Theresa May says Brexit deal 'must involve compromises'

Theresa May has admitted that Brexit will involve compromises, with neither the UK nor EU getting 'exactly what we want' from EU withdrawal negotiations.

Britain's Prime Minister Theresa May (L) greets European Council President Donald Tusk at 10 Downing Street. Picture: Daniel Leal

In a keynote speech at the Mansion House in London, she attempted to manage the expectations of hardline Brexiteers, many within her own party, as she laid out her five tests to respect the Brexit referendum result and five foundations to underpin the new relationship with the EU.

She underlined that Britain would be leaving the single market and customs union and warned that the UK’s access to the single market would be “less than it is now” and said the UK would have to pay into some EU agencies.

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She said the UK wanted to explore how it could remain part of the European Medicines Agency, the European Chemicals Agency, and the European Aviation Safety Agency after Brexit – an arrangement that would involve paying a membership fee. With the UK leaving the customs union, she said the UK still wanted an agreement with the block to achieve as “frictionless a border as possible” in Ireland to avoid a hard border between North and South. She set out two options – a customs partnership or a “highly streamlined customs arrangement”.

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“But, importantly, we would put in place a mechanism so that the UK would also be able to apply its own tariffs and trade policy for goods intended for the UK market,” she said. Under option two there would be “a range of measures to minimise frictions to trade, together with specific provisions for Northern Ireland”.

She dismissed the European Commission’s insistence that it would not allow “cherry-picking” of rights and obligations, insisting that this was a part of any trade negotiation.

She also rejected chief Brexit negotiator Michel Barnier’s argument that her “red lines” on quitting the single market, customs union and European Court of Justice have left only the option of a Canada-style free trade agreement, insisting that Brussels needs to “look beyond the precedents, and find a new balance”.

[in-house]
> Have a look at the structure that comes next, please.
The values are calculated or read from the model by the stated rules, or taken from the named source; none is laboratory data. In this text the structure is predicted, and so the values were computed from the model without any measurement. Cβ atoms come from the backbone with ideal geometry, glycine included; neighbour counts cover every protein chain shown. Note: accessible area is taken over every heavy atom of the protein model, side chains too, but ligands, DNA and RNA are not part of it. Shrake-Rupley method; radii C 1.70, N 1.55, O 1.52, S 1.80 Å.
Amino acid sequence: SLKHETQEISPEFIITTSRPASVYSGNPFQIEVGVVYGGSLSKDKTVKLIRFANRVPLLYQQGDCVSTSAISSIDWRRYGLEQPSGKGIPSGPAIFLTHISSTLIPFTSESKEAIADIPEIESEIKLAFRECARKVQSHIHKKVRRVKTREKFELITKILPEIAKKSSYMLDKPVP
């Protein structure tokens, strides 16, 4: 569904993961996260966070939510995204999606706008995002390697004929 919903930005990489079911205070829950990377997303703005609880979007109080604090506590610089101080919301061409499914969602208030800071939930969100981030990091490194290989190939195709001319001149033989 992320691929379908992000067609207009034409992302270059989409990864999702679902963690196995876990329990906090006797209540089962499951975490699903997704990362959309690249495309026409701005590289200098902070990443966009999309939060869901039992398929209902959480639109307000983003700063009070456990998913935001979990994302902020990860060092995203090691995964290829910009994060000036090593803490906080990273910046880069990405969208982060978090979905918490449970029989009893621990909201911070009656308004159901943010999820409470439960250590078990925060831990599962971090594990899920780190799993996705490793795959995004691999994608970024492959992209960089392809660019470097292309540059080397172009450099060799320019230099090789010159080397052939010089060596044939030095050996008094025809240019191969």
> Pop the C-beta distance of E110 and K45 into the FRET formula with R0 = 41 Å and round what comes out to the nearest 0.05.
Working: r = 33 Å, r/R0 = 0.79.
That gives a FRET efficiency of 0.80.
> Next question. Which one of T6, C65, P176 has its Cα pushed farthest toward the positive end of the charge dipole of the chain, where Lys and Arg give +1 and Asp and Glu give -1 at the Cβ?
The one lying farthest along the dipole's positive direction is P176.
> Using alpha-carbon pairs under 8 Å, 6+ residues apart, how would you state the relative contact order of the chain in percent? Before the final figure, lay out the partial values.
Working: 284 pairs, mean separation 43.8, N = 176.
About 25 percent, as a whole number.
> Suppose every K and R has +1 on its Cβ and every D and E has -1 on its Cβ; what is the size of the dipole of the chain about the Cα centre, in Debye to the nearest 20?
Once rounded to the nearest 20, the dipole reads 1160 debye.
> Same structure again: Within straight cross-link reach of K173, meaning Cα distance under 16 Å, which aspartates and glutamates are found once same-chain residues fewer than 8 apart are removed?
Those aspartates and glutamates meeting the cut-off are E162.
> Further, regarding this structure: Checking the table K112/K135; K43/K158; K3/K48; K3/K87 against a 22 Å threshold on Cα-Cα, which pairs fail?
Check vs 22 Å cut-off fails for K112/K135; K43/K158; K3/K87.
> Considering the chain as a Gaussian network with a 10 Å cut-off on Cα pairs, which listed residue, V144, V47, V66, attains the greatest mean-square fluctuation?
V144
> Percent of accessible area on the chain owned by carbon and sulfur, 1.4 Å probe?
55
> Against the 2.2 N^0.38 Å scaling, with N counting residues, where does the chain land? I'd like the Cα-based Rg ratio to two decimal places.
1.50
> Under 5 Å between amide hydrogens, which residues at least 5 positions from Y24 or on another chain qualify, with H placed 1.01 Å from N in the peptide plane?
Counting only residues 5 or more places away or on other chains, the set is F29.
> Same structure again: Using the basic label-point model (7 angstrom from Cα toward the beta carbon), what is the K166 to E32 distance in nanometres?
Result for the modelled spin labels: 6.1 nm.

Mrs May offered reassurance to Brussels that she would not give in to calls from Brexit hardliners to walk away from the table if things did not go her way.

“We will not be buffeted by the demands to talk tough or threaten a walk-out,” she said.

Her speech followed increasingly impatient appeals from EU leaders for more detail about Britain’s aims. Mr Barnier welcomed the speech for offering “clarity” on the UK’s aims and a recognition that there would be “trade-offs”.

But German MEP Manfred Weber – an ally of Chancellor Angela Merkel and leader of the centre-right EPP grouping in the European Parliament – said: “I don’t see how we could reach an agreement on Brexit if the UK government continues to bury its head in the sand like this”.

Nicola Sturgeon said Mrs May’s speech had set out the benefits of EU membership, making her pursuit of a “hard Brexit all the more bizarre”. The First Minister said Mrs May had to take seriously the Scottish Government’s proposals to maintain Scotland and the UK’s position in the single market and customs union.

Mrs May said that any deal must pass the “five tests” of respecting the 2016 referendum result; delivering an enduring solution; protecting security and prosperity; leaving Britain an “open, outward-looking, tolerant, European democracy”; and strengthening the union of the UK.

She said the agreement should rest on “five foundations”, including binding commitments to ensure fair and open competition and an independent arbitration mechanism to resolve disputes.